The third important corpus in studying medical and ethical perspective is the Islamic Organization for Medical Sciences of Kuwait. It held its first conference in January 1981, under the rubric of Islamic Medicine. Subsequently, it held five conferences of wide participation from many Islamic and Western countries. It searched medical jurisprudence, history of Islamic medicine, the Hippocratic and Oath of a Muslim physician, and so forth. In addition, the organization held numerous symposia on selected topics related to the medical advancement and the moral dilemma that this phenomenal progression had caused in clinical setting. The attendants included Islamic scholars (Ulama), physicians and scientists. Among the topics that were discussed in these symposia, include: the legality of milk-banks, gender selection, technically assisted reproduction, surrogacy, sterilization, abortion, and so on. With the advancement in biotechnology, topics like brain death, “do not resuscitate order”, trans-sex and inter-sex found interest among Muslim religious scholars and medical professionals. The organization published the proceedings of these conferences and symposia, a book on Islamic Code of Ethics, a large volume on alternative medicine, a volume on ethics of research and a number of studies on history of Islamic medicine. The work of the Organization was also recognized by the international health organizations like WHO, ISSCO, UNESCO and the International Islamic Juridical Council OIC and the Islamic Jurisprudence Council of Mecca (Islamic World League) and the World Medical Association, with whom the organizers collaborated in holding several joint sessions and meetings.

The fourth significant source for medical jurisprudence and Islamic bioethics are the rulings of the Grand Muftis of Egypt which have been collected and published in many volumes along with subjects including medical and health issues. Some authors have collected the rulings on medical and health issues and published them. For instance, Abdulaziz Abdulmohsin published the rulings of Saudi scholars on medical issues. There are numerous books and booklets authored by different medical and legal scholars on specific issues dealing with, for instance, organ transplantation, methods of assisted reproduction (in vitro fertilization), plastic and cosmetic surgery, stem cell research, cloning, abortion, sterilization, liability, the medical codes, blood transfusion, allowed and prohibited medicine, the fasting of the ill, the pregnant and lactating woman and so on. The topics also include ritual matters such as the performance of ritual prayers during illness and so forth. There are many Masters and Ph.D. thesis in many Universities about these subjects which may be important in these fields This extensive literature is mainly in Arabic, some in Persian, Urdu and Turkish languages; very few in English and other languages.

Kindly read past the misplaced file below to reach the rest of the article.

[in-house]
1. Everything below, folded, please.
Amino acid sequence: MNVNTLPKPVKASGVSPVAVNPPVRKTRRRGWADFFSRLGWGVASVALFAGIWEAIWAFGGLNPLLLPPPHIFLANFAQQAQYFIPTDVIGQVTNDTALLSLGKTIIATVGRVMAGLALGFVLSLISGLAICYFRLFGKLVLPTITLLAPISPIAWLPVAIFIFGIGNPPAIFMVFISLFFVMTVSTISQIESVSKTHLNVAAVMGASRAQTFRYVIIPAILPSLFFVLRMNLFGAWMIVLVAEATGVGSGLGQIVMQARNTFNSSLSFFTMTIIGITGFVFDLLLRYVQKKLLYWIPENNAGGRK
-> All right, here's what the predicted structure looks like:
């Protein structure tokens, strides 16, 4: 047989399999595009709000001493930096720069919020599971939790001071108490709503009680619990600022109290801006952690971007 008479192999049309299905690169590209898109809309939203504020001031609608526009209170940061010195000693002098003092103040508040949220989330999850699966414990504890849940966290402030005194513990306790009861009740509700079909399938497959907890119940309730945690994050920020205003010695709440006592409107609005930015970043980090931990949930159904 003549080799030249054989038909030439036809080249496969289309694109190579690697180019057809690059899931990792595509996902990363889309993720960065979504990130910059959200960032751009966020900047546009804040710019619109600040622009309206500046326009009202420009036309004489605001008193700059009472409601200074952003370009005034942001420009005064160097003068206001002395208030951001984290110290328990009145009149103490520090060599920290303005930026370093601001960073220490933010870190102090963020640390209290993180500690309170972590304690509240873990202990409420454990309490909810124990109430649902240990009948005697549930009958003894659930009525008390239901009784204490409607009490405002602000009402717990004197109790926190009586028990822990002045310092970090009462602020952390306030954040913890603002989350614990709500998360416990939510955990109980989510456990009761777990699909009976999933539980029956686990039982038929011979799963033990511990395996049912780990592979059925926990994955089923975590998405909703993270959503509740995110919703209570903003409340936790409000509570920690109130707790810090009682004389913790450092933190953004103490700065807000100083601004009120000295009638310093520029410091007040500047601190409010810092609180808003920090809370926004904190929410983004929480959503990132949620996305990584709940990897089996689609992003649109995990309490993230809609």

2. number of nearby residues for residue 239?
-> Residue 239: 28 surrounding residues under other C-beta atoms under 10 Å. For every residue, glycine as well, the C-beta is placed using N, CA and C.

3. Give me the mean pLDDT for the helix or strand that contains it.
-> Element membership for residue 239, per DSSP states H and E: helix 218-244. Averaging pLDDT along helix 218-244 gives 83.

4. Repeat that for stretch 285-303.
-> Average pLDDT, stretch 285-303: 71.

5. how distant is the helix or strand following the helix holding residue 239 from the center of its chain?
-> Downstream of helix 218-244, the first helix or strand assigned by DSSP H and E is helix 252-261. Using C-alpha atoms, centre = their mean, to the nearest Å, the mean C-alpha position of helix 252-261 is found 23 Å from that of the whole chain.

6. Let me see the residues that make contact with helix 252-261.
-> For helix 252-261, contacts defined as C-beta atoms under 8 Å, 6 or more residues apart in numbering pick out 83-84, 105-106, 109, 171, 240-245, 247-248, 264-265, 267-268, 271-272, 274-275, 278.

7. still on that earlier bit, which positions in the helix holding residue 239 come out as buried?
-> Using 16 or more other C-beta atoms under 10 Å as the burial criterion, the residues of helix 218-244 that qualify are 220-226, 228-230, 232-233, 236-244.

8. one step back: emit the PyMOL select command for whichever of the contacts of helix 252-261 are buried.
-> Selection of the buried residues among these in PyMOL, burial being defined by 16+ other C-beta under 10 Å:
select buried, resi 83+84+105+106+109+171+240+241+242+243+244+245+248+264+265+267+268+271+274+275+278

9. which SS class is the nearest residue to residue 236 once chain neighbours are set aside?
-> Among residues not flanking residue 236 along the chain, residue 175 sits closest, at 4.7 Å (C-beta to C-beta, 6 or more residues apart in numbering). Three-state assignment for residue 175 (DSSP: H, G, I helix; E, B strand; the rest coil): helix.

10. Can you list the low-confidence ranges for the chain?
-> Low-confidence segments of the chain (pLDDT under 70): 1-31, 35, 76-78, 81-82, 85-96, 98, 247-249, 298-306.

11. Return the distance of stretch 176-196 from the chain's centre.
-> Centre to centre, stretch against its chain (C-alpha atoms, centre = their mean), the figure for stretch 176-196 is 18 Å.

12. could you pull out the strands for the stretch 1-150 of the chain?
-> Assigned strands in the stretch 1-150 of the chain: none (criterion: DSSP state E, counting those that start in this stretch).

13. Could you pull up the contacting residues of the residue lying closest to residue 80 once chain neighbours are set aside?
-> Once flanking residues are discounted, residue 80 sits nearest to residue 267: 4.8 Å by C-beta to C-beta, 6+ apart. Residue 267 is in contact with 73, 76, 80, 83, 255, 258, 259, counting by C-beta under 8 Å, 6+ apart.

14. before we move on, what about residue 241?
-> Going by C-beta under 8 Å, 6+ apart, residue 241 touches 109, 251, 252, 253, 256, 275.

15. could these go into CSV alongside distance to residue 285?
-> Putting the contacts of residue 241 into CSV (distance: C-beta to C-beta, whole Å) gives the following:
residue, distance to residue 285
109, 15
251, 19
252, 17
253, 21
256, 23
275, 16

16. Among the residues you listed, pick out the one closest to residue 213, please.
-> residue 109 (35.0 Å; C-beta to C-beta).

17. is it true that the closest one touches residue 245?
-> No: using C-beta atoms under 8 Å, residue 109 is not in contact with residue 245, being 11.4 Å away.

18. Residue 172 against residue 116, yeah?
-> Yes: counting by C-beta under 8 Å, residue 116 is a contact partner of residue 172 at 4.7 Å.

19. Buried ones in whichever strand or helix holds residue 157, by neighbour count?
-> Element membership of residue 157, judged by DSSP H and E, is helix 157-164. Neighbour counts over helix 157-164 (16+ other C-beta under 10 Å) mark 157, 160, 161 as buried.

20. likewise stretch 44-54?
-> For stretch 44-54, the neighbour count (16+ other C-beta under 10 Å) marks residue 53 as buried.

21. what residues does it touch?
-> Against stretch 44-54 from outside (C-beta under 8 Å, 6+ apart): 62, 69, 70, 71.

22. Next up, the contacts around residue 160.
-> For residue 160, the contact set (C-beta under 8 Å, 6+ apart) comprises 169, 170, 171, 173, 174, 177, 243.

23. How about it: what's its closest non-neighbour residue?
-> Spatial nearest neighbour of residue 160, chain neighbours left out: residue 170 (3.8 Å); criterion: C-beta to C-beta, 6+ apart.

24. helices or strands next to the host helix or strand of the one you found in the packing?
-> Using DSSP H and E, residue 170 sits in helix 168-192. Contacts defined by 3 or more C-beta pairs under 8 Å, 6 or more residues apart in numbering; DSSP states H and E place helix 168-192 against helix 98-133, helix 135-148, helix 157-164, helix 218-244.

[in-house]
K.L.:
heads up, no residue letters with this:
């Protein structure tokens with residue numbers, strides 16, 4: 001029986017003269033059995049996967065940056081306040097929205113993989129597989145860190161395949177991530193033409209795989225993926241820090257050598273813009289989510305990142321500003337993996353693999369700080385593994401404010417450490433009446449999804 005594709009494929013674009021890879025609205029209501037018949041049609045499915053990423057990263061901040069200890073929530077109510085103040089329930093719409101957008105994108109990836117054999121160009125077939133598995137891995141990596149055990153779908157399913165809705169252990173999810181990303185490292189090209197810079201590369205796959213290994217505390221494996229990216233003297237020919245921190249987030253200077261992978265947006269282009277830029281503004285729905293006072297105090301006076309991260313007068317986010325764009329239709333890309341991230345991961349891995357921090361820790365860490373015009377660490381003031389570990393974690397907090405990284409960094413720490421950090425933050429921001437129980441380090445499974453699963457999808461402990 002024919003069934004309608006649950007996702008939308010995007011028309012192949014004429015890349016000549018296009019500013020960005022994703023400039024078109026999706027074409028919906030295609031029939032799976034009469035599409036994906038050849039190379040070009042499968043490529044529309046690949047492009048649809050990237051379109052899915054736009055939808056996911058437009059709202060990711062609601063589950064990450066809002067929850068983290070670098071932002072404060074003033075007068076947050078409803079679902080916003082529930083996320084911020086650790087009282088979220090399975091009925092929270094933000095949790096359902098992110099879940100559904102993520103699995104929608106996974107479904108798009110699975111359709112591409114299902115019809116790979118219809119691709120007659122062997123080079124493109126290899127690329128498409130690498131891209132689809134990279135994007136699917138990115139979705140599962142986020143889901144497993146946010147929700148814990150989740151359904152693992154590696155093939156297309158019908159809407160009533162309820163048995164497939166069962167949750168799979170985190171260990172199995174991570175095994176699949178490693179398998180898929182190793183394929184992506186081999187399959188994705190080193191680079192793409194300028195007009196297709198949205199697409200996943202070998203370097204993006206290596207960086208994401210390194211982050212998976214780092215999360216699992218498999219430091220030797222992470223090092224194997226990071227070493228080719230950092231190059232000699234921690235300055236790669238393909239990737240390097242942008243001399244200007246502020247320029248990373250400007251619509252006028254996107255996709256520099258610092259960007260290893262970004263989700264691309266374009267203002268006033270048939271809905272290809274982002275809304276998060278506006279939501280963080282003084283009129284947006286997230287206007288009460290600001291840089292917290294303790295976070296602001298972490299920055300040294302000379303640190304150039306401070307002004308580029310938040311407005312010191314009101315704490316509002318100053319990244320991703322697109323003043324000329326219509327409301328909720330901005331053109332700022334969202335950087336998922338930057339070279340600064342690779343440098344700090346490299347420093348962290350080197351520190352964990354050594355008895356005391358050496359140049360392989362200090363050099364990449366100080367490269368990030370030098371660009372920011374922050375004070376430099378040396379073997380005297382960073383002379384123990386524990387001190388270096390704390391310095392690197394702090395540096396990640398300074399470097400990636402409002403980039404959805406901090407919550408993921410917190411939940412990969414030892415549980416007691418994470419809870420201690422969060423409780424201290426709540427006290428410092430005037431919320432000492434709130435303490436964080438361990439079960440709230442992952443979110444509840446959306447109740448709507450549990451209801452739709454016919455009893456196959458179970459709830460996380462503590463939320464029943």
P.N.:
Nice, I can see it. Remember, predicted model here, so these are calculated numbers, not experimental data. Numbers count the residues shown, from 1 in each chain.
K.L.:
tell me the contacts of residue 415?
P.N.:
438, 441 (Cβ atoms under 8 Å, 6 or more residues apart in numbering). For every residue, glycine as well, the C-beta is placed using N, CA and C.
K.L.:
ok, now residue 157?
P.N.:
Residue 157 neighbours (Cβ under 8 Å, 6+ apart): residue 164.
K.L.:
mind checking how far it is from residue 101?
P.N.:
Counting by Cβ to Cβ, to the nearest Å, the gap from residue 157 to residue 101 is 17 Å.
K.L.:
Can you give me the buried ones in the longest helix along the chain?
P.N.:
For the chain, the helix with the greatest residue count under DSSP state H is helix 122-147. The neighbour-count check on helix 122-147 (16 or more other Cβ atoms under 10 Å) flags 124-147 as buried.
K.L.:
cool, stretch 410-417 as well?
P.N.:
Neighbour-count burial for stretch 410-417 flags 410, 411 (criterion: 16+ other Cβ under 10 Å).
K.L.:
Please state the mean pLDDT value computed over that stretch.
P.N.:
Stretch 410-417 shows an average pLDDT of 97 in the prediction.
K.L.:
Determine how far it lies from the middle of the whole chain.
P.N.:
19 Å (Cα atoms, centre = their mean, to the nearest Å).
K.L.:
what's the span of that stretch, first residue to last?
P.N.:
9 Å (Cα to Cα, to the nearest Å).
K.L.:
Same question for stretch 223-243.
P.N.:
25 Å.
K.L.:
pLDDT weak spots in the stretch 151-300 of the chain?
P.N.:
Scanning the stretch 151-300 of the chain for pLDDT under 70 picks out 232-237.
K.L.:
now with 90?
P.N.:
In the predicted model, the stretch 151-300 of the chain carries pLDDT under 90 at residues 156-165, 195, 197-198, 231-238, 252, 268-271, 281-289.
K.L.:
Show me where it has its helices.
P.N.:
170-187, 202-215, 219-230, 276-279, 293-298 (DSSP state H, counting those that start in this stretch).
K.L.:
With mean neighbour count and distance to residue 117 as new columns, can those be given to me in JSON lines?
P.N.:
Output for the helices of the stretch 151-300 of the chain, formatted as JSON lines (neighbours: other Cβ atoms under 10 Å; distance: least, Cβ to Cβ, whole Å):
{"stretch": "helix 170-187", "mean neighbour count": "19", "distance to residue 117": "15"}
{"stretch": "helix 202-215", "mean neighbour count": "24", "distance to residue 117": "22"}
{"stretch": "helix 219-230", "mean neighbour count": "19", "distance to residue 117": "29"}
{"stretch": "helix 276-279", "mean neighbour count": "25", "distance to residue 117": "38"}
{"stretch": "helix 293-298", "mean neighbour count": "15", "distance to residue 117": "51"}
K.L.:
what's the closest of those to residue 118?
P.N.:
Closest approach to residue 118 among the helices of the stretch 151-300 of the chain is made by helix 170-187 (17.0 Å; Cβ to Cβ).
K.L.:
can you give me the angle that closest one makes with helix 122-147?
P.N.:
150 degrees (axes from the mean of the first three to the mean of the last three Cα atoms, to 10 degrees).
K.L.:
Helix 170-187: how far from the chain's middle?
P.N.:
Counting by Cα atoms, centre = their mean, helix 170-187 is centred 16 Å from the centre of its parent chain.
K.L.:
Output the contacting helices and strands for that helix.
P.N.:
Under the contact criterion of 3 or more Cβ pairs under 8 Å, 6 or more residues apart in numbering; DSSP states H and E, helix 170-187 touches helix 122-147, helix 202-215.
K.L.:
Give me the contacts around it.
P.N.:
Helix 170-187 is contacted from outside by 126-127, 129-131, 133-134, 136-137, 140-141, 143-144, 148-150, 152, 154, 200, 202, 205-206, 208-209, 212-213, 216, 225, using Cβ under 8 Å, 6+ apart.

Today there is an increasing interest in medical ethics from Islamic perspective in the West. Both Muslims and non-Muslim healthcare providers have shown sustained interest in Islamic viewpoints in medical practice and research to cater to the health care needs of the Muslim population in Western countries. Moreover, Islam is growing in numbers and has surpassed other minority religions in North America. There were many conferences and symposia held mainly in USA (and Europe) on Islam and Bioethics. Many publications have been published in English. Some of the earliest works include, for instance, Dr. Hassan Hathout’s, “Islamic Basis for Biomedical Ethics” and his co-authored book with Andrew Lustig: “Bioethical Developments in Islam”. Gamal Serour is another prominent physician whose article on “Islam and Four Principles of Healthcare Ethics” is an early work that lays down the boundaries of Islamic bioethics. Daar and Al-khitamy’s article “Bioethics for Clinicians: Islamic bioethics” and a number of articles about medical, ethical and philosophical topics in academic journals indicate the growing interest in Islamic biomedical ethics. Prof. Abdulaziz Sachedina in his excellent book, “Islamic Biomedical Ethics” has poignantly criticized the literature (in English), where many Muslim physicians writing on the subject have tried to emulate and mimic the Western secular bioethics, which does not fully resonate with the local and regional Muslim values. According to him, “Translation and grafting of the secular bioethics to the Muslim medical and healthcare institutions is unproductive without first investigating native epistemic and cultural resources to teach and disseminate bioethics in Muslim societies” [6]. He goes on to criticize the adoption of Western understanding of autonomy and human rights. “Western notion of universal human rights rests in a secularized public sphere…the modern idea of the autonomous self, envisions social actors as self-contained matrixes of desires who direct their own interest. In Islamic communitarian ethics autonomy is far from being recognized as one of the major bioethical principles…Islamic communal discourse sought to define itself by legitimizing individual autonomy within its religiously based collective order by leaving an individual free to negotiate his/her spiritual destiny, while requiring him/her to abide by a command order that involved the play of reciprocity and autonomy upon which a regime of rights and responsibilities are based in the Shari’a [6].” In his elucidation of the role of Shari’a and theology in formulating the new field of bioethics Sachedina clarifies: “Islamic biomedical ethics cannot ignore judicial opinions and the sources that provide their legitimization as being Islamic…the Fatwa literature needs to be investigated for the purpose of exploring and understanding the legal reasoning behind the rulings [6].”